Lovers of Gaelic song listening to the BBC may have heard a track or two from “Drine: the Songs of Rob Donn” broadcast in the last week or two. The story of the album began when the audience in a jam-packed Skerray Village Hall was invited (and responded enthusiastically) to pre-order the CD on the back of an outstanding weekend, mainly held in Melness, marking the 300th anniversary of the birth of the Durness bard. It was a courageous decision by the singers and musicians who, on behalf of Taigh na Gàidhlig Mhealanais (Melness Gaelic Centre), renewed the public’s acquaintance with the work of the masterly songsmith at audio-visual shows in Glasgow, Portree, Scourie and Skerray.  The singers and instrumentalists — James Graham (Lochinver), Catriona MacLeod (Strathnaver), Rhona Sutherland (Dalchalm), Carol Anne Mackay (Strathy) and Suzanne Houston (Golspie) — augmented by “guest” appearances from Durness-born brothers, David and Willie Morrison, young Duncan MacLeod (Bonar Bridge) and Marsaili MacLeod (Catriona’s sister) — were as good as their word and, now, two-and-a-half years after they took Rob to Celtic Connections and two years after Skerray, the CD is on sale for £13.25, including postage, at and We understand that local shops are also being asked to stock the album.  The CD was produced by Iain MacFarlane, recorded at his Old Laundry Productions studio at Glenfinnan, and mastered by Gordon Gunn at Studio D, Tannach, near Wick. The CD cover design is by Mike Garden of BirnamCD Ltd using a line drawing of Ben Hope (in Strathmore) by Debasis Biswas.

New Song to Be Released by Art School Choir As it Recovers From Devastating Fire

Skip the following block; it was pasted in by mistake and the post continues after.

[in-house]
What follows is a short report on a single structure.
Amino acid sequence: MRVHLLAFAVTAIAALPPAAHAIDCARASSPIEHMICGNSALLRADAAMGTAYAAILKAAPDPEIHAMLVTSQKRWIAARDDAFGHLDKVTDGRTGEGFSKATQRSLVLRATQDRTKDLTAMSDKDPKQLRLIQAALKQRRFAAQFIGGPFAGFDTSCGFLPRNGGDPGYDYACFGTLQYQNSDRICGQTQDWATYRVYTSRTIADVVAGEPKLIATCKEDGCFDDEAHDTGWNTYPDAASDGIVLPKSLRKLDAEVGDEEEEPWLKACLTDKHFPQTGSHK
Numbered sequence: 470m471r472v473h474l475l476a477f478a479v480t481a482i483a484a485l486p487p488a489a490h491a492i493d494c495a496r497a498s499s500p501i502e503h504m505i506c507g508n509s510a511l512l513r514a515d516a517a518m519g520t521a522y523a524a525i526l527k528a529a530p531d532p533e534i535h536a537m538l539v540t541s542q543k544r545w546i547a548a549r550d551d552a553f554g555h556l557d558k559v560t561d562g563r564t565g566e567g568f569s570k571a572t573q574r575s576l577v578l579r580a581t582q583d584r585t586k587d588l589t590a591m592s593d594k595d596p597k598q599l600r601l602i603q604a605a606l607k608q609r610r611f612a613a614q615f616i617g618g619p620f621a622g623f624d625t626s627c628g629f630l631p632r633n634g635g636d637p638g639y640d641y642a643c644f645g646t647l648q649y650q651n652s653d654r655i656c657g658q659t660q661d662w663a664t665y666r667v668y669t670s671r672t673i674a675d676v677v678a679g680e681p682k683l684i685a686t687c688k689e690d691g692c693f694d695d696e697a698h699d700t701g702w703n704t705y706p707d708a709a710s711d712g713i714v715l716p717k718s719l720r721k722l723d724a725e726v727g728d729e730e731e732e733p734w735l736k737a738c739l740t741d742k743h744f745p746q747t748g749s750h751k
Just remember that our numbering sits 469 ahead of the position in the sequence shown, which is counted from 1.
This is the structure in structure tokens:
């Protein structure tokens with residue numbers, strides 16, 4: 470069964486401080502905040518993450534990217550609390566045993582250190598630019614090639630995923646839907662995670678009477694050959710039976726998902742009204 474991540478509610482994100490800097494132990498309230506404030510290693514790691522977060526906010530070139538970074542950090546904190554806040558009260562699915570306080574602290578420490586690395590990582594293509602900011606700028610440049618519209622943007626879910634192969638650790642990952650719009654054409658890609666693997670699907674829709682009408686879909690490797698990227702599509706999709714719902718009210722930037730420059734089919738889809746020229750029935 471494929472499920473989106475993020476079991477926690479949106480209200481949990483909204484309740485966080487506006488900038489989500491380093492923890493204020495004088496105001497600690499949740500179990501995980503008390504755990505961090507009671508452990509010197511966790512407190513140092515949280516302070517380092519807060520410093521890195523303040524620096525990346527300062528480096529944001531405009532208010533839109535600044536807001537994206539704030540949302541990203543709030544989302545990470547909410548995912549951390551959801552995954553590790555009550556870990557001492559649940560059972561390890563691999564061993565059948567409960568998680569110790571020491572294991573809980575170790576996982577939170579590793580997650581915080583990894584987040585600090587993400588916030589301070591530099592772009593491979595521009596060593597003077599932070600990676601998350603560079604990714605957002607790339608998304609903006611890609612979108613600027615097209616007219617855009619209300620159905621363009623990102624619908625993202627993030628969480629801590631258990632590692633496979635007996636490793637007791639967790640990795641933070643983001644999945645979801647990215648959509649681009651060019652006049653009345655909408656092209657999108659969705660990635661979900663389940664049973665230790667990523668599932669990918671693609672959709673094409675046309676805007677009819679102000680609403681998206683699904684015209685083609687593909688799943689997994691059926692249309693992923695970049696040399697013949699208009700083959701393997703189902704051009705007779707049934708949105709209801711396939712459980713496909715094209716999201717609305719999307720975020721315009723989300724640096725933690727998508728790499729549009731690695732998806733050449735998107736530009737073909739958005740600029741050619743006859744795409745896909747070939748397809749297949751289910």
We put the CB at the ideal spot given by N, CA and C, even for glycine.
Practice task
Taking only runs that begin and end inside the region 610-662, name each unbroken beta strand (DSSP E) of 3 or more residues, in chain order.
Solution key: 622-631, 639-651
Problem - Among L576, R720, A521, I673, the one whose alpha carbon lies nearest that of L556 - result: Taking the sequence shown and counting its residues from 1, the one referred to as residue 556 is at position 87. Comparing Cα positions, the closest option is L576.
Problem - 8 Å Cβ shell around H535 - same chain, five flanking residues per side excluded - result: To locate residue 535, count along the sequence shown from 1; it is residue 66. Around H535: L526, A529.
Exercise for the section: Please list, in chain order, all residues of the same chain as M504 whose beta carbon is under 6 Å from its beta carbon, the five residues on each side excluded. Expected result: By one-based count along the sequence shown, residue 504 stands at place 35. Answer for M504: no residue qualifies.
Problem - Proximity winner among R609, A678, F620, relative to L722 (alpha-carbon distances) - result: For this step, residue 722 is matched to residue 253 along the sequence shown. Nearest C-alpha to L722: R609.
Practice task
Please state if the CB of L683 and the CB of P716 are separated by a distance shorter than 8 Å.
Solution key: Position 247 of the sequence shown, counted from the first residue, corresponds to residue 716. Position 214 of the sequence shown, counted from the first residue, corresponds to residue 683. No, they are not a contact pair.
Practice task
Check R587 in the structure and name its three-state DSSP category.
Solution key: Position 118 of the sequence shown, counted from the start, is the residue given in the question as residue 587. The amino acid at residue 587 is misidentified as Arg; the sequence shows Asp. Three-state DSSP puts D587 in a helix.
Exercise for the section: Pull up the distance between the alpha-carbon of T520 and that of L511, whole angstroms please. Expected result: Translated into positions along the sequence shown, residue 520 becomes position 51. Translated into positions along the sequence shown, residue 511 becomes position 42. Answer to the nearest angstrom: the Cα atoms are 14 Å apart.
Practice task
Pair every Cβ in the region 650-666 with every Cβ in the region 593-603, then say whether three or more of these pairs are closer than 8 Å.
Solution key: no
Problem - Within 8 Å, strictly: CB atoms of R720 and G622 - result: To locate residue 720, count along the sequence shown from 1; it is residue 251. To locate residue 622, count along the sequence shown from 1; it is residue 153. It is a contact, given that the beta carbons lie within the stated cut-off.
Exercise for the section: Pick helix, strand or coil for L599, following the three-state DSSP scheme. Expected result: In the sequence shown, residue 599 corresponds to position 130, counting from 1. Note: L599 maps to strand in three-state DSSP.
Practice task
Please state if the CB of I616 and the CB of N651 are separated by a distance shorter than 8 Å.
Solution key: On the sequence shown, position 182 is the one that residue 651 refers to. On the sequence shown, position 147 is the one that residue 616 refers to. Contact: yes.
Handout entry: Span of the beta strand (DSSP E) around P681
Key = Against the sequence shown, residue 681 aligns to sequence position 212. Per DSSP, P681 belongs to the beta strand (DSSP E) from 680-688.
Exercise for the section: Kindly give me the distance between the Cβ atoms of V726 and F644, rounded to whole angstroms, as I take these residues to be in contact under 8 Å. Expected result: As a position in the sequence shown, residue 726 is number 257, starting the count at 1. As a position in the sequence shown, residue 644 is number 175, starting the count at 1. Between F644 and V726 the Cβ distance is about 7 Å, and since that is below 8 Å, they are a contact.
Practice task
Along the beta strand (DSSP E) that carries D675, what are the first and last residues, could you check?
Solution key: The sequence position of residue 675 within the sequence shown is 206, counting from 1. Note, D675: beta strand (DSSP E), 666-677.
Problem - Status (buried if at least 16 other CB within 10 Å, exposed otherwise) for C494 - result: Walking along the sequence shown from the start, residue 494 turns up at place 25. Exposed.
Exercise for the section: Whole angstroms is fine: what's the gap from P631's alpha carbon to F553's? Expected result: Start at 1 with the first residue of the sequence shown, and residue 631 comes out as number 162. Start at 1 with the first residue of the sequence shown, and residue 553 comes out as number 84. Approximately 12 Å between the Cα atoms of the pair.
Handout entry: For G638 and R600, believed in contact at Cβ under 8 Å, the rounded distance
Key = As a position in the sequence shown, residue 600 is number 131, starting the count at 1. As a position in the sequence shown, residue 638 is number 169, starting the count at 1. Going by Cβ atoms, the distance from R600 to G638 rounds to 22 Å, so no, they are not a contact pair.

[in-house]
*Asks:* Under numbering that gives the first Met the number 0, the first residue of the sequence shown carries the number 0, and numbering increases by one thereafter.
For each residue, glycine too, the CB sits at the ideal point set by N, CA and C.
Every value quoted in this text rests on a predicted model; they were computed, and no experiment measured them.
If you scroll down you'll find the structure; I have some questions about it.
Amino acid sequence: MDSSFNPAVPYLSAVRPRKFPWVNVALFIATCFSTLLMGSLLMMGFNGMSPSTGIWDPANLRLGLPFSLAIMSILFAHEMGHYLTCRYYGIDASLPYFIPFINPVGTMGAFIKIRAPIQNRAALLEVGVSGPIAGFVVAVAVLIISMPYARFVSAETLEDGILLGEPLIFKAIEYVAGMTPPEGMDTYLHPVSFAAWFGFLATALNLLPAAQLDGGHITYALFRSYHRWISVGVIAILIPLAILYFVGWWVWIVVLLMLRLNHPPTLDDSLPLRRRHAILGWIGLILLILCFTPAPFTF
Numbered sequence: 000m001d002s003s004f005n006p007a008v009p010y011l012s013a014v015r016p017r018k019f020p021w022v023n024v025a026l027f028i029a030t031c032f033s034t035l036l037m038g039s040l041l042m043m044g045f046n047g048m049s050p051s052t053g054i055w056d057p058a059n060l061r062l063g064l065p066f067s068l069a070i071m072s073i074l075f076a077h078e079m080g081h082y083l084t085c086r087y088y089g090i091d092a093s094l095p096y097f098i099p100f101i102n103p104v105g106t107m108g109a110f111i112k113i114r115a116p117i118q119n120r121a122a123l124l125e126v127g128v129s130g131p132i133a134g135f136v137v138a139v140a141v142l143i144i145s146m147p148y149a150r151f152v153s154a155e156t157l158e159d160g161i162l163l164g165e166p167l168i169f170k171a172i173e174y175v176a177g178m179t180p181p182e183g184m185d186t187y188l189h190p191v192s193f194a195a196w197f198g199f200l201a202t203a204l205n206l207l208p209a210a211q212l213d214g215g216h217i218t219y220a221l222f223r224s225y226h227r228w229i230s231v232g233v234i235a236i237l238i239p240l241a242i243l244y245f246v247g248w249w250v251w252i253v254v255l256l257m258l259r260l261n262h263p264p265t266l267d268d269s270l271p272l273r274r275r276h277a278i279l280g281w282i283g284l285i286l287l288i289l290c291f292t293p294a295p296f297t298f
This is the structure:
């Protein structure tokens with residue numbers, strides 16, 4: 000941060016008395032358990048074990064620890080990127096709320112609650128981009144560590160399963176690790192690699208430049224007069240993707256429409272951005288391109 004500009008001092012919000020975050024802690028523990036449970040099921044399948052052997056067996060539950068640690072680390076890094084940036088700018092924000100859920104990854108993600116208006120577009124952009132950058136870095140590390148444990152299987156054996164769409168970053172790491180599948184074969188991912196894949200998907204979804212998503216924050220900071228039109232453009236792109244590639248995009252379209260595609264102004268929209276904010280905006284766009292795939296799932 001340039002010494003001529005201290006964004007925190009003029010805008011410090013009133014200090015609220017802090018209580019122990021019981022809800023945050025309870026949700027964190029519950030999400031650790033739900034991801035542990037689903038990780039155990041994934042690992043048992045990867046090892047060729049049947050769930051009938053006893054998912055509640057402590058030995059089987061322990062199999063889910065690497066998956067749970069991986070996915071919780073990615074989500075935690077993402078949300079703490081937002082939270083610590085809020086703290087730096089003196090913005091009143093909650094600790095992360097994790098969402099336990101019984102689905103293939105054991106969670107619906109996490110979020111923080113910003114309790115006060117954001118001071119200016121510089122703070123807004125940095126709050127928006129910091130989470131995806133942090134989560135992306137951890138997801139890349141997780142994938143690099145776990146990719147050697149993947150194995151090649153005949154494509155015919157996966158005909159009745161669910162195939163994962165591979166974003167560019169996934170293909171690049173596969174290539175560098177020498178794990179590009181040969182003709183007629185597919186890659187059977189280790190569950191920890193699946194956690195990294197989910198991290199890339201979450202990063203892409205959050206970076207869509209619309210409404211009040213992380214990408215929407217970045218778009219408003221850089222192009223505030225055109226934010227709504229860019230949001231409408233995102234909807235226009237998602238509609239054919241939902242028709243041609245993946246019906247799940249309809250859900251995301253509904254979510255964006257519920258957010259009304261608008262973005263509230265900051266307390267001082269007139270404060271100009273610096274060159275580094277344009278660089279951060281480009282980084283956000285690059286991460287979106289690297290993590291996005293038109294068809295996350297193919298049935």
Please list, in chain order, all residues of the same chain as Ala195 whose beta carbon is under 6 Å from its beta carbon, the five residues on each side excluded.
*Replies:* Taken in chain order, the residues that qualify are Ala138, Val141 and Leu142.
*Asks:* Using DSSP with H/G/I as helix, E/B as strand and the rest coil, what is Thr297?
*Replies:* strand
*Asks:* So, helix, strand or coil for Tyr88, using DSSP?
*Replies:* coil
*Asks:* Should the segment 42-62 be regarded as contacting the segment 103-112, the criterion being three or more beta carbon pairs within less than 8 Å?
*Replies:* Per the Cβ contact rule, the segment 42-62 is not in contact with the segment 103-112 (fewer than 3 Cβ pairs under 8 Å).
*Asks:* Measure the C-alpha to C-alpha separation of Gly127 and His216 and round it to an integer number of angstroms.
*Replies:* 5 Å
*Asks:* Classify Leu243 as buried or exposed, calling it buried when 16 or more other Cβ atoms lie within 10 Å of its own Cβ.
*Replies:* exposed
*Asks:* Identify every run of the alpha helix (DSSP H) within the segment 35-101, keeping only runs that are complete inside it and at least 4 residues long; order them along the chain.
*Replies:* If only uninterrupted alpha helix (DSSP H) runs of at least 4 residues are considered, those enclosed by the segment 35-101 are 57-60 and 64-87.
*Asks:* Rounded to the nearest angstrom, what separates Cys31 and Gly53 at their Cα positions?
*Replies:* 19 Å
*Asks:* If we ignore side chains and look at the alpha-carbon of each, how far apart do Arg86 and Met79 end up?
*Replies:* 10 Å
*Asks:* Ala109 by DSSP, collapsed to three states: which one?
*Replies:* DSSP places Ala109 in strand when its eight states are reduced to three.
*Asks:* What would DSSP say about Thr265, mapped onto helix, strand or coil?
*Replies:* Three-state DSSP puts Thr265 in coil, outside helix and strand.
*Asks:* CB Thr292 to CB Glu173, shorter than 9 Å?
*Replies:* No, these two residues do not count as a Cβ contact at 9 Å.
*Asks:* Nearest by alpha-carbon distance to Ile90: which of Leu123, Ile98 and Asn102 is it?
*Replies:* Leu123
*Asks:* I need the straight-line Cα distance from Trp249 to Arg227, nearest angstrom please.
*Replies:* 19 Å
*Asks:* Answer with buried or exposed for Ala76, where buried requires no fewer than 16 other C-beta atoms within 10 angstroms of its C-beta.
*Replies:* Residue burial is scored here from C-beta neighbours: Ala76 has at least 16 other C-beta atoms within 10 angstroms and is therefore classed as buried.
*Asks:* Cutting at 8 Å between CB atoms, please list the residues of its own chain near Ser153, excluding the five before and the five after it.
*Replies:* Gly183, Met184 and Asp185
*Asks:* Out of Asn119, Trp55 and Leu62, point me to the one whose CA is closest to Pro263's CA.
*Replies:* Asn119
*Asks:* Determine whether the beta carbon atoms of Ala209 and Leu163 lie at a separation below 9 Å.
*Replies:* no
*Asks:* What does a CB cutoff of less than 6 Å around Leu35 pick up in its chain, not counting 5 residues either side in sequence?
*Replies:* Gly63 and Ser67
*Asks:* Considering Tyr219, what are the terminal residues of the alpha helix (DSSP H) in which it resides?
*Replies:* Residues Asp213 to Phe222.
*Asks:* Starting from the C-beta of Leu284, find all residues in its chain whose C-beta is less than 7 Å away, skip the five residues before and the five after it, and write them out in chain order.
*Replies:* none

A new choral work inspired by the devastating fire which damaged one of the most famous buildings in Scotland is to be released to raise money for the Glasgow School of Art. Written by writer and broadcaster Muriel Gray and Jamie Sansbury, the founder and music director of the Glasgow School of Art (GSA) Choir, Light Through Tall Windows is performed by the GSA Choir.  It will be released as a CD single in early 2017 and its proceeds will go to the ongoing Mackintosh Campus Appeal.  The music, which will to raise money for the £51m restoration, will also be available through the choir's website as a digital download.  The work will be recorded later this month in the Mackintosh Library, a key part of the building that was gutted by the fire.  Ms Gray said: "That we’ve been granted permission to record it in the library itself is thrilling and daunting in equal measure, and it’s something that each and every choir member will never forget."  The GSA is undergoing some significant changes in its city centre campus, expanding to the former building of Stow College as well as refurbishing and re-opening the Mackintosh Building following the fire of May 2014. Ms Gray, also chair of the GSA, added: "I first joined the GSA Choir when rehearsals were held each week in the stunning Mackintosh lecture theatre - the very place where, as a student, I used to shift uncomfortably during lectures.  We took it for granted that we could make music as well as art in that lovely space below the library, and that we would always be able to do so. The devastation of the fire left us reeling in shock.  Like most people that the GSA had fostered, the choir’s response was to try and create something positive out of it."  Mr Sansbury said the fire had been an emotional and traumatic event.  He said: "If you haven’t studied or worked here it is hard to understand that the Mackintosh Building is so much more than just walls, a roof and windows.  The ‘Mack’ was, and always will be, the heart of the GSA…something we all love and of which we are enormously proud. "This piece is an attempt to set down, in a more tangible way, the joy the building instils in students and staff at the School, the enduring enlightenment it represents, and the impact that has upon them for the rest of their lives." He added: "By recording in the library in its damaged state, we hope that some of the sounds of the city will be audible in the background of the finished recording: the irony of course is that although the piece is called 'Light Through Tall Window' there aren’t any windows in the library just now."